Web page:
I know I’ve been really bad about posting anything other than the weekly Friday Five and today’s post barely counts, since it is mostly linking to some news stories. Specifically some news stories that can’t wait until Friday.
You’re probably asking: what are the Georgia Guidestones and why would extremists bomb them? Those are very good questions, but John Oliver has already done a much better (and quite funny while still being very informative) job of explaining what the Guidestones are and why some people hate them:
Click on the image to go watch it on Youtube. It really is worth it!
The sum-up is: back in 1980 a man paid a lot of money to have this granite monument erected in Georgia, and ever since then whacko conspiracy theories have revolved around it. The slabs of granite are engraved with some sayings in six different languages which, viewed out of context, seem like fairly generic advice about making the world a better place. Except that one of them calls for limiting the total human population to only 500,000,000 (less than 10 percent of the current world population), and a couple of others have a more than slight eugenics vibe to them.
A lot of rightwing people in Georgia believe that the monument is Satanic. Of course they also claim the monument was built by druids thousands of years ago, despite the fact that one of the six languages the vague sayings are engraved in is modern English. And the fact that the building permits issued in 1980 for the construction are on record.
The person who had them built did so under an assumed name and tried to keep his identity secret. John Oliver’s bit includes information from a documentary where the builder, who had promised to keep the guy who financed and designed the thing secret, seems to accidentally name the guy. If this documentary is correct, then the person who built the guidestones was a supporter of former Klan-leader and racist far-right politician David Duke. Which makes the sayings engraved on the granite about population and "reproducing wisely" take on a decidedly more nasty connotation.
The rightwing nutjob parts of the internet are all a flutter with how this bombing is a great victory over Satan and so forth. It’s probably safe to infer that whoever planted the bomb is a rightwing person–a person none of us would be surprised to learn has their pickup truck plastered with pro-Trump stickers. The sort of person who would not be able to appreciate the humorous idea that if they knew the identity of the person who built the monument and how his white supremacist ideas informs the engraved sayings on the stones they would actually be holding these objects in great reverence.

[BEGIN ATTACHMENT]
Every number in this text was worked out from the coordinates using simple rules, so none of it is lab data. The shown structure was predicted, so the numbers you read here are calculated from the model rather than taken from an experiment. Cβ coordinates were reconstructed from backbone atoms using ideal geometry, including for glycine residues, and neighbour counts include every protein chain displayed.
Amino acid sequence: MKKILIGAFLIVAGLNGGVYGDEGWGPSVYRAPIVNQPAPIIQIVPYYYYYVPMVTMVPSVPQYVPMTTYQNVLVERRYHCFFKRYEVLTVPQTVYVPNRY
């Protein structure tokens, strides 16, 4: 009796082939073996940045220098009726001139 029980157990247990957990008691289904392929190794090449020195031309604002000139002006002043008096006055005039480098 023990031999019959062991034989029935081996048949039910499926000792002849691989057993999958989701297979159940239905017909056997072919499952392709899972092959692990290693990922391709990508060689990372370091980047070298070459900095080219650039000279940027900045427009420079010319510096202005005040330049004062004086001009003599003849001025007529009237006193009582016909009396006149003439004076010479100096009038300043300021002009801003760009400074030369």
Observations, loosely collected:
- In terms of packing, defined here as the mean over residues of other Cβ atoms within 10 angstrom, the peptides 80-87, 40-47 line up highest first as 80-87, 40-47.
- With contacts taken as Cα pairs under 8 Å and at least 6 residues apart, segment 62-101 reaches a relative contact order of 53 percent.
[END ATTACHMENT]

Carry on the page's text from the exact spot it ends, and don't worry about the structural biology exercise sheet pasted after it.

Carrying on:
Of course, the rightwing nutjobs have never been terribly discerning, as demonstrated here: Why superhero satire The Boys turned off its rightwing fanbase – Amazon’s subversive smash hit has irked some fans with a more overtly political season that dares to position the show’s villain as a Donald Trump stand-in
I have several quibbles with that headline. First, you would have to be completely braindead to have watched the very first episode of the very first season of this show and not see the political commentary going on. I can agree that they got a little bit more blatant in this (the third), but it was so blatant already! And the reason the rightwing fanboys (as opposed to other fans) are upset isn’t the trump comparison. No, if you go read some of the angry posts of these dipshits on line you’ll see that what they are upset about is that they didn’t realize until this season that the character The Homelander is a villain. Murdering an entire passenger jet full of innocent people (including a child in the arms of a mother pleading for her child’s life) just to protect his reputation in the first season didn’t tip them off that he’s the baddest of the bad guys.
I need to digress for a moment here to point out that there are almost no characters in this series who are good guys. Which shouldn’t be a surprise since the comic books the series is based on was full of edgelord cliches about how everyone cheats, everyone steals, no one does anything out of the goodness of their own hearts, et cetera. If you are inferring from this that I wasn’t a fan of those comics, you are correct. I ended up watching the series because friends I trust (including my husband) told me that the show was worth looking at. Also, since one of the main characters is played by Karl Urban, I had to give at least one episode a shot.
Anyway, the political commentary of The Boys has never been subtle. But we have seen in real life that a significant fraction of the population is unable to perceive satire and parody. Remember all those folks who got upset when they found out that Stephen Colbert was joking the entire time he was pretending to be a rightwing pundit on first The Daily Show and its spin-off The Colbert Report?